Sunday, February 22, 2009

Your Welcome!

One of my pet peeves, and one that I know is shared by many, is bad grammar. It seems that, nowadays, wherever you look, be it general chat, forums, what have you, people are mangling the English language.

Grammar is a subject usually taught at the early elementary school level. So it would be a safe assumption that a given WoW player (even the 12-year-olds) should have a grasp of basic grammatical structure. Unfortunately, that does not appear to be the case, and so I endeavour to outline a few basic rules of English.

The Basics
The core unit of the English language is the sentence. The most basic sentence structure is the simple sentence. A simple sentence consists of a subject and a verb. There are more complex sentence types, but let's take it in baby steps.

A subject is the person, place or thing that the sentence is about. The subject is a noun or a pronoun. There are three types of pronouns:
1st person: I, me, we (plural)
2nd person: you
3rd person: she, he, they (plural)
Also, there are proper nouns, which are names (ex. Claire, Joseph, Toronto).

A verb is an action word. Verbs describe what the subject is doing. Verbs have tenses, which describe when the action is happening:
Present: walking (I am walking)
Past: walked (I walked)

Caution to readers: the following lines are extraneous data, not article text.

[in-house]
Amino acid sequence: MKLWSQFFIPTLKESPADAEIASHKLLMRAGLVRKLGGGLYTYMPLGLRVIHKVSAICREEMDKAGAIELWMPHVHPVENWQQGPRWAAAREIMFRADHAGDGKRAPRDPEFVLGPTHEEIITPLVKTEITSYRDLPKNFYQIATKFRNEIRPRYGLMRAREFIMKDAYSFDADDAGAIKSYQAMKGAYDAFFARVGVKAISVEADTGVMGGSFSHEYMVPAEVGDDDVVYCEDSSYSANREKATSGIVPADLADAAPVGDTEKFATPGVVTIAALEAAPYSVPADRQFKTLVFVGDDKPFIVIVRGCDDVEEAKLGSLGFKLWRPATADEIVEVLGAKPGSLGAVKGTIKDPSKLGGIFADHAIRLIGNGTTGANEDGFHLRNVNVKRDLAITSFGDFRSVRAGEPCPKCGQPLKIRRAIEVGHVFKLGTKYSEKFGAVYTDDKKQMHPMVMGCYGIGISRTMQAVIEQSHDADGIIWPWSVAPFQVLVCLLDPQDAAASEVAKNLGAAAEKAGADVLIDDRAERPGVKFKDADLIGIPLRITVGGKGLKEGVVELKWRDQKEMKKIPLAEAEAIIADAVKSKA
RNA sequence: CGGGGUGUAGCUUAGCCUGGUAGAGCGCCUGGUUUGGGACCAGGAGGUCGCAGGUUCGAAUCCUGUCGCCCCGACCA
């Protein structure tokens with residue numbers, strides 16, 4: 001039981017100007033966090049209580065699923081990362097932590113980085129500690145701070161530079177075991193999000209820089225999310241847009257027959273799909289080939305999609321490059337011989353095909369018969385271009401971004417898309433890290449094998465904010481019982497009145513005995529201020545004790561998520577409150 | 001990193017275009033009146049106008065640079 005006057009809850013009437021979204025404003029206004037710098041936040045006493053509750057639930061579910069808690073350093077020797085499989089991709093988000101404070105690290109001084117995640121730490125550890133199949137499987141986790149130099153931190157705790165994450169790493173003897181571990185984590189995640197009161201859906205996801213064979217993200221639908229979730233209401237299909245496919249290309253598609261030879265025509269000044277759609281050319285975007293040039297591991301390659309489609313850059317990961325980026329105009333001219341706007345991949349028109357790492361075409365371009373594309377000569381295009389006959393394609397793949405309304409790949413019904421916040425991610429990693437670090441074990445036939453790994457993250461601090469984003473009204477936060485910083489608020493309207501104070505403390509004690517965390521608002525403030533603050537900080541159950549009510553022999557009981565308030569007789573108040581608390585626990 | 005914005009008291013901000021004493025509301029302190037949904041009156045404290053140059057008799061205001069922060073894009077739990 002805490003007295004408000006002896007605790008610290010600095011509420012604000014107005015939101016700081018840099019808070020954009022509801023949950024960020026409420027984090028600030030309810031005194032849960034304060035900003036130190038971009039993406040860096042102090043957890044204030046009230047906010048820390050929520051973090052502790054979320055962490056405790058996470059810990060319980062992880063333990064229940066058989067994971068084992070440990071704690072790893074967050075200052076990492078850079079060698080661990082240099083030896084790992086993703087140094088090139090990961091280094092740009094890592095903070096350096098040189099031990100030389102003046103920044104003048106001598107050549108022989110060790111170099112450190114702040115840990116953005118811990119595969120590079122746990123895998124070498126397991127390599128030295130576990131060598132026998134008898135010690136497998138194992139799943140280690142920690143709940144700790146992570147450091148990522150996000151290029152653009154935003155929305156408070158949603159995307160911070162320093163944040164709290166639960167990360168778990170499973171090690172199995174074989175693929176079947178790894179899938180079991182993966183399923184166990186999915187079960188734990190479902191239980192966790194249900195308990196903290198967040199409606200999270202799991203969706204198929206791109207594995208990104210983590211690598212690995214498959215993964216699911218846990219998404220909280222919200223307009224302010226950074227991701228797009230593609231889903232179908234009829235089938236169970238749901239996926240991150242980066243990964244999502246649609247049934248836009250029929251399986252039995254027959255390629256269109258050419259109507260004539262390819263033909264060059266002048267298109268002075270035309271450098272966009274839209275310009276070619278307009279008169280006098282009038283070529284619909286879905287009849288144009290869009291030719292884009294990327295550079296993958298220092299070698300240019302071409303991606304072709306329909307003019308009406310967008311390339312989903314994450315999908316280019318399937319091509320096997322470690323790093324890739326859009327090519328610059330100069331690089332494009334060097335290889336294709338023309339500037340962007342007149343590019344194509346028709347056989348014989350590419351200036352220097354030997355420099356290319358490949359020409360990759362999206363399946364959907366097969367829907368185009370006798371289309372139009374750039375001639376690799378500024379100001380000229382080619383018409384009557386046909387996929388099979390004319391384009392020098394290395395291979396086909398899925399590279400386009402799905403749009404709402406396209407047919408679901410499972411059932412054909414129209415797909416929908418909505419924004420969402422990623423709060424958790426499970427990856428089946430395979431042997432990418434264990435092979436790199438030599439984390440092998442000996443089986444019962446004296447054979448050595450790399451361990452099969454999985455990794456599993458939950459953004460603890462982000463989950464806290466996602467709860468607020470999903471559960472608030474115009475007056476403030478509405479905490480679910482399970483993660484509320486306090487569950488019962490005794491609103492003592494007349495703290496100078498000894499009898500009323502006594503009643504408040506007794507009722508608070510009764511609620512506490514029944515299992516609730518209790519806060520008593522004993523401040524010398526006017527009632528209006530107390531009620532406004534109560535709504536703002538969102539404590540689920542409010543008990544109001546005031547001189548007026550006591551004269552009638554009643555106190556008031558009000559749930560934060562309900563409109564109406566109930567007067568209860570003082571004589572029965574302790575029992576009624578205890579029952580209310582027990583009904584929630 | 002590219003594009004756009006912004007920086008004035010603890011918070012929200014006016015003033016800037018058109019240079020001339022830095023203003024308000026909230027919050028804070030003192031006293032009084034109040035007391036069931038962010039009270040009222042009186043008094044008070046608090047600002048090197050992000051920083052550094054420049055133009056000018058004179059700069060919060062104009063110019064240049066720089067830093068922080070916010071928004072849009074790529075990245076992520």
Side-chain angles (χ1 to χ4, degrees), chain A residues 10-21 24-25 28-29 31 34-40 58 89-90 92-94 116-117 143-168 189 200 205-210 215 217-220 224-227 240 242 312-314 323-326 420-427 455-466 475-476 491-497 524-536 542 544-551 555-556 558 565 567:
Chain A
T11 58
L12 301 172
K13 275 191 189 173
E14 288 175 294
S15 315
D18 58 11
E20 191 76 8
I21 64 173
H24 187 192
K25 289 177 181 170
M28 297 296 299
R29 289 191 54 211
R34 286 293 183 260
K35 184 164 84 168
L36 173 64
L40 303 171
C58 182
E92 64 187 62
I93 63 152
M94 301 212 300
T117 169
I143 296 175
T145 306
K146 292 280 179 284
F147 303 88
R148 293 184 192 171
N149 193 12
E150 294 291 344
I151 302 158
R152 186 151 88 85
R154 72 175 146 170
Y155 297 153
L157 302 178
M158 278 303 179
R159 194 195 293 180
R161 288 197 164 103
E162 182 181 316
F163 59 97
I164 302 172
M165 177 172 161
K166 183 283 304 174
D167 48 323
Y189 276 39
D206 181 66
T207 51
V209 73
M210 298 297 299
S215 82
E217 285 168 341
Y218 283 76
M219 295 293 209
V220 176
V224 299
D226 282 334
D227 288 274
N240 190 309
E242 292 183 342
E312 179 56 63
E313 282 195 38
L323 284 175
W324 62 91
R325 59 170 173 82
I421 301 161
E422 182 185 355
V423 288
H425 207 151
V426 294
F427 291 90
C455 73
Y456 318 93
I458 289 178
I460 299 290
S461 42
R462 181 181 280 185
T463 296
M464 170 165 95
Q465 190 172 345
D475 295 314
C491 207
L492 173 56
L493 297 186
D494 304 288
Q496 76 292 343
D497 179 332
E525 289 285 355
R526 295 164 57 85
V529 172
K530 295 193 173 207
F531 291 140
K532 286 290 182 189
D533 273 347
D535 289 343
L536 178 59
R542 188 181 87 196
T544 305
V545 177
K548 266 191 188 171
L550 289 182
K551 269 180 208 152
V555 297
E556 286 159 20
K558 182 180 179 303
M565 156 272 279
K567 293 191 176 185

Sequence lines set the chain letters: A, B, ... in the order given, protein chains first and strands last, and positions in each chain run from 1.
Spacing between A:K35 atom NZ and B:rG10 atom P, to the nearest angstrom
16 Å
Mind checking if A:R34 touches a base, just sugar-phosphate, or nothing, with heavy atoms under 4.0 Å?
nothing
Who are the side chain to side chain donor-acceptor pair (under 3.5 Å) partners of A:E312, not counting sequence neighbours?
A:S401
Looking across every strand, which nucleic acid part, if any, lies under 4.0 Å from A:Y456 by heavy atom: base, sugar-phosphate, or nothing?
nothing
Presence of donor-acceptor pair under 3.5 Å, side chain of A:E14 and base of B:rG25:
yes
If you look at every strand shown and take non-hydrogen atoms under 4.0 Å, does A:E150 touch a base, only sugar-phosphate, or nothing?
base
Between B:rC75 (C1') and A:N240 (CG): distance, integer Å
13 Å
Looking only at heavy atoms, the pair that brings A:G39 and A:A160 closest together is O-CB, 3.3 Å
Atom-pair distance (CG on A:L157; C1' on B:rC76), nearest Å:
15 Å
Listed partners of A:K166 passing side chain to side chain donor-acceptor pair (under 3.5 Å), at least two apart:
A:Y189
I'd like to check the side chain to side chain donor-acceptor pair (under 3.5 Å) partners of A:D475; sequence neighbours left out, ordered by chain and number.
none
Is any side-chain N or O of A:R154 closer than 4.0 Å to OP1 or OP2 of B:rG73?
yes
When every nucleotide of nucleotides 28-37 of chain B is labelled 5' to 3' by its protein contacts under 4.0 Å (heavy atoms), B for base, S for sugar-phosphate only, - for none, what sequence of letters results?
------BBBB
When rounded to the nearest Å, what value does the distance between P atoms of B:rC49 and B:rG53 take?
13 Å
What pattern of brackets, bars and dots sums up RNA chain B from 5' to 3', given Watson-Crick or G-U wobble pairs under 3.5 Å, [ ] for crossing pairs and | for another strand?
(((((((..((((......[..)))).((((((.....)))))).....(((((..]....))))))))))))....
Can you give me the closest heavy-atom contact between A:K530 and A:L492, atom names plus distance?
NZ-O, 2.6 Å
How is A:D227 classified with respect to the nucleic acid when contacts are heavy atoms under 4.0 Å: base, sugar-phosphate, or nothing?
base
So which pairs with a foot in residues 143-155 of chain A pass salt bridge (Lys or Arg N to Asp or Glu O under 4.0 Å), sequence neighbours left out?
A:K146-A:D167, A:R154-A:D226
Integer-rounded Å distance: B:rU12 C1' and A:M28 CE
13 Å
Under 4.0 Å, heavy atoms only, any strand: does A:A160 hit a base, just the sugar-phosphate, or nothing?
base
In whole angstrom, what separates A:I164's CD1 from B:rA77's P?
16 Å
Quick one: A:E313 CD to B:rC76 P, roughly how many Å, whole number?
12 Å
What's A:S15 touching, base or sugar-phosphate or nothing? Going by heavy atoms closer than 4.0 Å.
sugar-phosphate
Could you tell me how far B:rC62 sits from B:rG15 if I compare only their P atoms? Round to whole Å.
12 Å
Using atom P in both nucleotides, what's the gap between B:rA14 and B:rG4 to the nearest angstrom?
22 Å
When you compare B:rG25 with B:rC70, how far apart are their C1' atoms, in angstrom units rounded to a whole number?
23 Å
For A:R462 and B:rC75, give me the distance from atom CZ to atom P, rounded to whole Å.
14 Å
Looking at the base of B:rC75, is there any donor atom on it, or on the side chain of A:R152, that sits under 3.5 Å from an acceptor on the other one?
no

If you want to express a verb in the future tense, it generally requires a modifier as such:
Future: will walk (I will walk).

A Few Simple Rules
Believe it or not, there is a big difference between "its" and "it's"; between "your" and "you're", and so on. "Its" and "your" are possessive. For example, if I were to say "your car", I am saying that the car belongs to you. However, "you're car" makes no sense. Likewise, "its car" means that the car belongs to "it" (where it is an ambiguous third person pronoun).

Apostrophes have three uses:
1. to form possesive of nouns
2. to show the omission of characters
3. to indicate certain plurals
Now, I know I just said that an apostrophe-s is not possessive, but the structure does indicate possessiveness in some cases. For example, it is "the boy's hat", meaning that the hat belongs to the boy.
If an apostrophe is used in a word such as "don't" or "you're", it is showing the omission of letters. If those words are expanded and the apostrophe is removed, you get "do not" and "you are".
Now, using apostrophes to indicate plurals only happens on words ending in "s", because you can't add another s to the end of the word to indicate plural.

When you have a sentence like "Mary and I went to the theatre", there are a few rules that must be followed. First, the third person pronoun (Mary, in this example) must always go first. If you have more than one third person pronoun (if your sentence was "Mary, Jason and I" or "Susan and James"), it doesn't matter who goes first (pick your favourite). Second, you must use the correct first person pronoun. I usually double-check my structure by removing the other subject as such:
"Mary and me went to the theare."
"Me went to the theatre." This sentence is incorrect; the wrong first person pronoun was used.
"Mary and I went to the theatre."
"I went to the theatre." This senctence makes sense on its own, therefore "I" is the correct pronoun.

Now, there is so much more grammar to be learned, but for now I leave you with these basics. If you keep these rules in mind, you will be able to communicate in an intelligent fashion in trade chat. I thank you for respecting the English language. Next week: French!



  1. Oh.. See.. Dee..

    In all seriousness, pet peeve of mine too - way to go!